David Mabuza. Picture: SOWETAN
David Mabuza. Picture: SOWETAN

Deputy President David Mabuza has refused to be drawn into the spat between public enterprises minister Pravin Gordhan and under fire public protector Busisiwe Mkhwebane on Thursday, over the so-called SA Revenue Service (Sars) “rogue unit”.

The EFF has been calling for Gordhan to be removed from his position following a controversial report by Mkhwebane, which found that the minister had violated the constitution by establishing the Sars “rogue unit”. Mkhwebane directed President Cyril Ramaphosa to take disciplinary action against Gordhan within 30 days.

Gordhan has approached the courts to challenge the report, and another earlier one on his approval of former Sars commissioner Ivan Pillay’s early retirement package. Ramaphosa has backed his minister in the court bids.

Last week in Parliament, Ramaphosa — who is seen to be in the same ANC faction as Gordhan, striving to clean up government and state-owned entities — came out in strong support of the minister, describing him as a person of commitment and integrity.

Ramaphosa avoided commenting on the merits of the court case, but said: “I can express a view on the character of the minister and the contribution he has made to the liberation of our country. I have appointed him to a critical and demanding position in cabinet because I know him to be a person of commitment and integrity.”

Responding to questions from the EFF during a question and answer session in parliament on Thursday, Mabuza brought up the sub-judice rule, arguing that the Sars “rogue unit” matter was still to be decided by the courts and therefore it would be premature to comment.  

“The constitution of the republic provides that ‘any intelligence service, other than any intelligence division of the defence force or the police service, may be established only by the president as the head of the national executive, and only in terms of the national legislation," he said.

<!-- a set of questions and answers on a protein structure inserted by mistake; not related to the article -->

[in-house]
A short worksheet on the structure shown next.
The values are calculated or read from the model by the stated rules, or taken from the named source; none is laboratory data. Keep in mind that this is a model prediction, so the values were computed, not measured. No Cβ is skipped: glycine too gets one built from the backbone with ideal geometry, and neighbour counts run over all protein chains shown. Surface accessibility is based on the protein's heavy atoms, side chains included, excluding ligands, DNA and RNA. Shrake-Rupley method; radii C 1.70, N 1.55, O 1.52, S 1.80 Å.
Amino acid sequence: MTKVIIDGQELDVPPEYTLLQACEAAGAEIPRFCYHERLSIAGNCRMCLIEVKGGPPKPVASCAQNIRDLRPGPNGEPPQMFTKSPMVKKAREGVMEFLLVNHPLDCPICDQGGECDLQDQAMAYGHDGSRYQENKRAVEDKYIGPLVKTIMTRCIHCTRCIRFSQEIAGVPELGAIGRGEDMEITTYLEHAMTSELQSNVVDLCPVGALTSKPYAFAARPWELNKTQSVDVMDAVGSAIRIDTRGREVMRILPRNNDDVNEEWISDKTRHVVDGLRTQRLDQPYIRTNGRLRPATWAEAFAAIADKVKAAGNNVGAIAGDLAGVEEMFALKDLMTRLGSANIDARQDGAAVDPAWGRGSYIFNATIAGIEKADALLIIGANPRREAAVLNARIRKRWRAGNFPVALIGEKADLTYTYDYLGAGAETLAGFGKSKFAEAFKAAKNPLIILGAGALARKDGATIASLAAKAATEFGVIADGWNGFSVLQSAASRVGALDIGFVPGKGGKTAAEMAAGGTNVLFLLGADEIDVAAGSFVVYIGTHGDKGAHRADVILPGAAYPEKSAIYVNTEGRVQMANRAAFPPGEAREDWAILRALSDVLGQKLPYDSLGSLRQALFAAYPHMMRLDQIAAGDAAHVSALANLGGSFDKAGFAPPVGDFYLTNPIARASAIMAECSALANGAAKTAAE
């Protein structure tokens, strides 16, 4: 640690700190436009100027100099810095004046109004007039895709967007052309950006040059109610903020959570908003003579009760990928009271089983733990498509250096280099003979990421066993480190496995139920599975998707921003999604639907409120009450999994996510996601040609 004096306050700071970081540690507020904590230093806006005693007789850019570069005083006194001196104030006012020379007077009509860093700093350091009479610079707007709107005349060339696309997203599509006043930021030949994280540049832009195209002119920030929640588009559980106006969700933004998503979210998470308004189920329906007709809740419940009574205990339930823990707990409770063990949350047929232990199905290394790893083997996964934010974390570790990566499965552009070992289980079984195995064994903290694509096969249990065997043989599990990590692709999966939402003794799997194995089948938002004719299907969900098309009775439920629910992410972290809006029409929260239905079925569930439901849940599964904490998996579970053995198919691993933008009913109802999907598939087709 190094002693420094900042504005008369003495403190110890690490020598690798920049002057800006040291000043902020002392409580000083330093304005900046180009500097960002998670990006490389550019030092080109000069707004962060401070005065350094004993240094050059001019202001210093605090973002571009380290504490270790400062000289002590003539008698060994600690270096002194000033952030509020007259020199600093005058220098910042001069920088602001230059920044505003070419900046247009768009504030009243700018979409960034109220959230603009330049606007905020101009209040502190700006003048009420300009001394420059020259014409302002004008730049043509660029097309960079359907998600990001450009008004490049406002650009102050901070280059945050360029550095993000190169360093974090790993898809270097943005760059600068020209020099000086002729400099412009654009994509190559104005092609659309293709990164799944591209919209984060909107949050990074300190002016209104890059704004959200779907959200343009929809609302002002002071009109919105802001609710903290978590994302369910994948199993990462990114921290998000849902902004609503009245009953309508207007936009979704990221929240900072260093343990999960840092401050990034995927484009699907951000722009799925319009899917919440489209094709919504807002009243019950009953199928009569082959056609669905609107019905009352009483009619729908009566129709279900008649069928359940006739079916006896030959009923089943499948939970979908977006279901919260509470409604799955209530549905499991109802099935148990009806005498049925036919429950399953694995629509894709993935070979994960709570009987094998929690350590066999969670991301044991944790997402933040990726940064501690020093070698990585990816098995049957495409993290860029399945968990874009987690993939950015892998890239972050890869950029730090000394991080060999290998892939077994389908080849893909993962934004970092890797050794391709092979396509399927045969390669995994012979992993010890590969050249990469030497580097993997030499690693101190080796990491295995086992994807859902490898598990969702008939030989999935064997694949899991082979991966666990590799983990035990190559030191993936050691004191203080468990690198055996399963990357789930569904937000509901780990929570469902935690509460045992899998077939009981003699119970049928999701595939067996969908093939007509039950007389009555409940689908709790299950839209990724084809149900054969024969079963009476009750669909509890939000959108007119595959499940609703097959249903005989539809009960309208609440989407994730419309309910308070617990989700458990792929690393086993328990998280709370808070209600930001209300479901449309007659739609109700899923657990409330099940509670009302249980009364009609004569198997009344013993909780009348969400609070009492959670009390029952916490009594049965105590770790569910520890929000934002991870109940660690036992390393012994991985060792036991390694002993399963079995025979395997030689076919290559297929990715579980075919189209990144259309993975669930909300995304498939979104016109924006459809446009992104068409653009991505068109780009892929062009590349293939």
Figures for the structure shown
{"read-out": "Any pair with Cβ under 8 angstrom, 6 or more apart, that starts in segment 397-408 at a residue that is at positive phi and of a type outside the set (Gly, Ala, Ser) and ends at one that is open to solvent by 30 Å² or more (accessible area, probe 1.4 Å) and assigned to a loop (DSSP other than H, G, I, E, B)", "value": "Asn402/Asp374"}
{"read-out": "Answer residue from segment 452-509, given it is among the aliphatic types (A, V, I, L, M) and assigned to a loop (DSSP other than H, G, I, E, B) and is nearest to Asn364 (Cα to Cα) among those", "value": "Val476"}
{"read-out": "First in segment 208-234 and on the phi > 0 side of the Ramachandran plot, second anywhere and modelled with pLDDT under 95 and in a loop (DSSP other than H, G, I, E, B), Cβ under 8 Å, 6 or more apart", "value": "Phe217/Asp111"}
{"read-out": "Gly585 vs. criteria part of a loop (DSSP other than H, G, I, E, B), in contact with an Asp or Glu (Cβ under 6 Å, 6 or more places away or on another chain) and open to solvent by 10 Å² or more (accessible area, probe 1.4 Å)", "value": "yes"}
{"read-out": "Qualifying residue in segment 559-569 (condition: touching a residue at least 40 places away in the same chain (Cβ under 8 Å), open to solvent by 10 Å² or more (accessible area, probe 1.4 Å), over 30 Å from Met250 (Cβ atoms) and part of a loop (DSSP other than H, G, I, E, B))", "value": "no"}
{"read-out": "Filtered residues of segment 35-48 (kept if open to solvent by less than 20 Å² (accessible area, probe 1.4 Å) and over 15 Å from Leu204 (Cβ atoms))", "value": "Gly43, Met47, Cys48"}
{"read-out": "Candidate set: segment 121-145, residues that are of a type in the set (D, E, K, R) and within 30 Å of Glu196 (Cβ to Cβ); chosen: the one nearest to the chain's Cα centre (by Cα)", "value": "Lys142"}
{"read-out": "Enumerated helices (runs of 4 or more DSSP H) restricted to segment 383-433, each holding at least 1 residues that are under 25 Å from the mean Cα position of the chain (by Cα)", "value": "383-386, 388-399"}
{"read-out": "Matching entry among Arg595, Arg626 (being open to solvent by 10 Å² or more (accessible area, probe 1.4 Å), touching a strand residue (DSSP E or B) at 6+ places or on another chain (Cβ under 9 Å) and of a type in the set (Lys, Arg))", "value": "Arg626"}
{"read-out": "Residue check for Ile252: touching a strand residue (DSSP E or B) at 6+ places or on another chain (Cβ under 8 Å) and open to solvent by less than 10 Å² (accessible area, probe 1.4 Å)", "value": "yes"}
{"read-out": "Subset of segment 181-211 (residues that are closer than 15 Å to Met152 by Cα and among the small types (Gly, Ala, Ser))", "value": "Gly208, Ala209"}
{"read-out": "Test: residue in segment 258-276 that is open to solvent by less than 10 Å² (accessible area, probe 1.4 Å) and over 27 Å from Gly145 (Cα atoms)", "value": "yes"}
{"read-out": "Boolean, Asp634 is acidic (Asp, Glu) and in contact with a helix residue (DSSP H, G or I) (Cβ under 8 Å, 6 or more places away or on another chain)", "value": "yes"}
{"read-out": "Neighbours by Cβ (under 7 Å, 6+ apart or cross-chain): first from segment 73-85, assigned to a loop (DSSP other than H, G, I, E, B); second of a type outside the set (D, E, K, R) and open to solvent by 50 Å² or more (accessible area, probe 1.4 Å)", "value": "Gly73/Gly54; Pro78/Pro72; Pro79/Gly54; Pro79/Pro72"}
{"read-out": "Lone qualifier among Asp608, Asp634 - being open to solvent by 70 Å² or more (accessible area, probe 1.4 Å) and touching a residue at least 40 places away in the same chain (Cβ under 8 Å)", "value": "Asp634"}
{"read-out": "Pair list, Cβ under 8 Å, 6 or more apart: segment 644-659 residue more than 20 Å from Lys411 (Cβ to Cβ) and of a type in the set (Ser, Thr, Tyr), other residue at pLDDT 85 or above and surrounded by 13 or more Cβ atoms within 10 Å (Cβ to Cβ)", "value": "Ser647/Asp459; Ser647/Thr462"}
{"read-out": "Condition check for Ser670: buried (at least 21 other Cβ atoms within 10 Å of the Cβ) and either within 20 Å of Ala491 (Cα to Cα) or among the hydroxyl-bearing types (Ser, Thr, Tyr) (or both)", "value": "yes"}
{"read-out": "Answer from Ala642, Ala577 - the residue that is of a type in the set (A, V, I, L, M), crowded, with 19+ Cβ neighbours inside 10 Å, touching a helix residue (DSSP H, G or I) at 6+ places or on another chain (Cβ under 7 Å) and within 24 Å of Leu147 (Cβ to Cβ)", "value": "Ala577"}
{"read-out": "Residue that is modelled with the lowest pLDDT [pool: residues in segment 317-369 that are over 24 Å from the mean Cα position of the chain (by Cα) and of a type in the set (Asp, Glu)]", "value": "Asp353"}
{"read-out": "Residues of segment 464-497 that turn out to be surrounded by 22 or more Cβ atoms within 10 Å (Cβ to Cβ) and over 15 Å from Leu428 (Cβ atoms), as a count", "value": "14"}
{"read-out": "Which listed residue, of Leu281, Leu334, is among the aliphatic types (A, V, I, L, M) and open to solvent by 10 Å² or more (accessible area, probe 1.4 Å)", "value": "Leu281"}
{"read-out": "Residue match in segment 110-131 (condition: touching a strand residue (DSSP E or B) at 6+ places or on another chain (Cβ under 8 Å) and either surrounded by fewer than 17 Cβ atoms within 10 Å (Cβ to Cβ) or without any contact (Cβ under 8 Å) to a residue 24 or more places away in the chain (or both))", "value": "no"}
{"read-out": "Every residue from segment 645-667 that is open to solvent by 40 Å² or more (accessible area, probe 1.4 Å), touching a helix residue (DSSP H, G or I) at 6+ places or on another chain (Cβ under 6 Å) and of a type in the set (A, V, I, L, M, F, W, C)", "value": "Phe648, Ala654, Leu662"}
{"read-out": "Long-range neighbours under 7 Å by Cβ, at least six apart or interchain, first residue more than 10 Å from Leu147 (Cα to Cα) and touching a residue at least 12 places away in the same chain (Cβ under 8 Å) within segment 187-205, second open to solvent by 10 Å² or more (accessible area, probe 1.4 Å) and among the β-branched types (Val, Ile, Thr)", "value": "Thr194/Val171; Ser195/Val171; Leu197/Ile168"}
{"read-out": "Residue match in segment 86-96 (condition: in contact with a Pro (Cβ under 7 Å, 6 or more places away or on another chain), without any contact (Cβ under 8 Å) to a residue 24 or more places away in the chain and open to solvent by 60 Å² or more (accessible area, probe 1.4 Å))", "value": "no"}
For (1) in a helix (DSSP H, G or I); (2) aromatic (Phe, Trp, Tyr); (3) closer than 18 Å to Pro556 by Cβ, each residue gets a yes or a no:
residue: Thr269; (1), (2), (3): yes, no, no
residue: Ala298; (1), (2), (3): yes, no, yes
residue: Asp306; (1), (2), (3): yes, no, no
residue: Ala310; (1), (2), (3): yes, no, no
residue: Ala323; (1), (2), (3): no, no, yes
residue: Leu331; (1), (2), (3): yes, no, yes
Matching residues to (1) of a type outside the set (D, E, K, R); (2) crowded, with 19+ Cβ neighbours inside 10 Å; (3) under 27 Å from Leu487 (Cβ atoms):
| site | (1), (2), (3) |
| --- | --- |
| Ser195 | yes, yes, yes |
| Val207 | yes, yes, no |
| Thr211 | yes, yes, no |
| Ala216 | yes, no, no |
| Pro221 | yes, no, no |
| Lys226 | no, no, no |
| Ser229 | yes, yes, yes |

In a follow-up question, EFF MP Mbuyiseni Ndlozi asked Mabuza whether, taking his response into account, he believed that establishing an intelligence unit in Sars would be illegal, “meaning it would be a rogue unit and as a result it would mean that your government has to take action against the individuals involved, disband it, and make sure it doesn’t happen again”.

Mabuza refused to comment further, saying the matter was before the courts. The EFF and the DA challenged this assertion stating that parliament was within its rights to interrogate the matter and hold the executive to account. National Assembly speaker Thandi Modise eventually ruled that the supplementary question should be set aside until she received clarity on whether it was in line with the rules of the house. 

Speculation is that Mabuza is sympathetic to a faction linked to former president Jacob Zuma, which is seeking to regain lost ground. Mkhwebane, whose integrity and competence has been called into question following the release of a number of controversial reports, has been drawn into the ANC infighting.

In June, ANC chair Gwede Mantashe accused Mkhwebane of fighting petty ANC factional battles. He was reacting to Mkhwebane’s investigation into Ramaphosa’s ANC presidential campaign donation from corruption-accused facilities management firm Bosasa.

She released her report on the matter last week,  finding that the president deliberately misled parliament on the donation to his campaign, and ordered that national director of public prosecutions, Shamila Batohi, investigate "prima facie evidence" of money-laundering linked to Ramaphosa’s campaign.

Ramaphosa announced on Sunday evening that he would seek an urgent legal review of Mkhwebane’s report.

phakathib@businesslive.co.za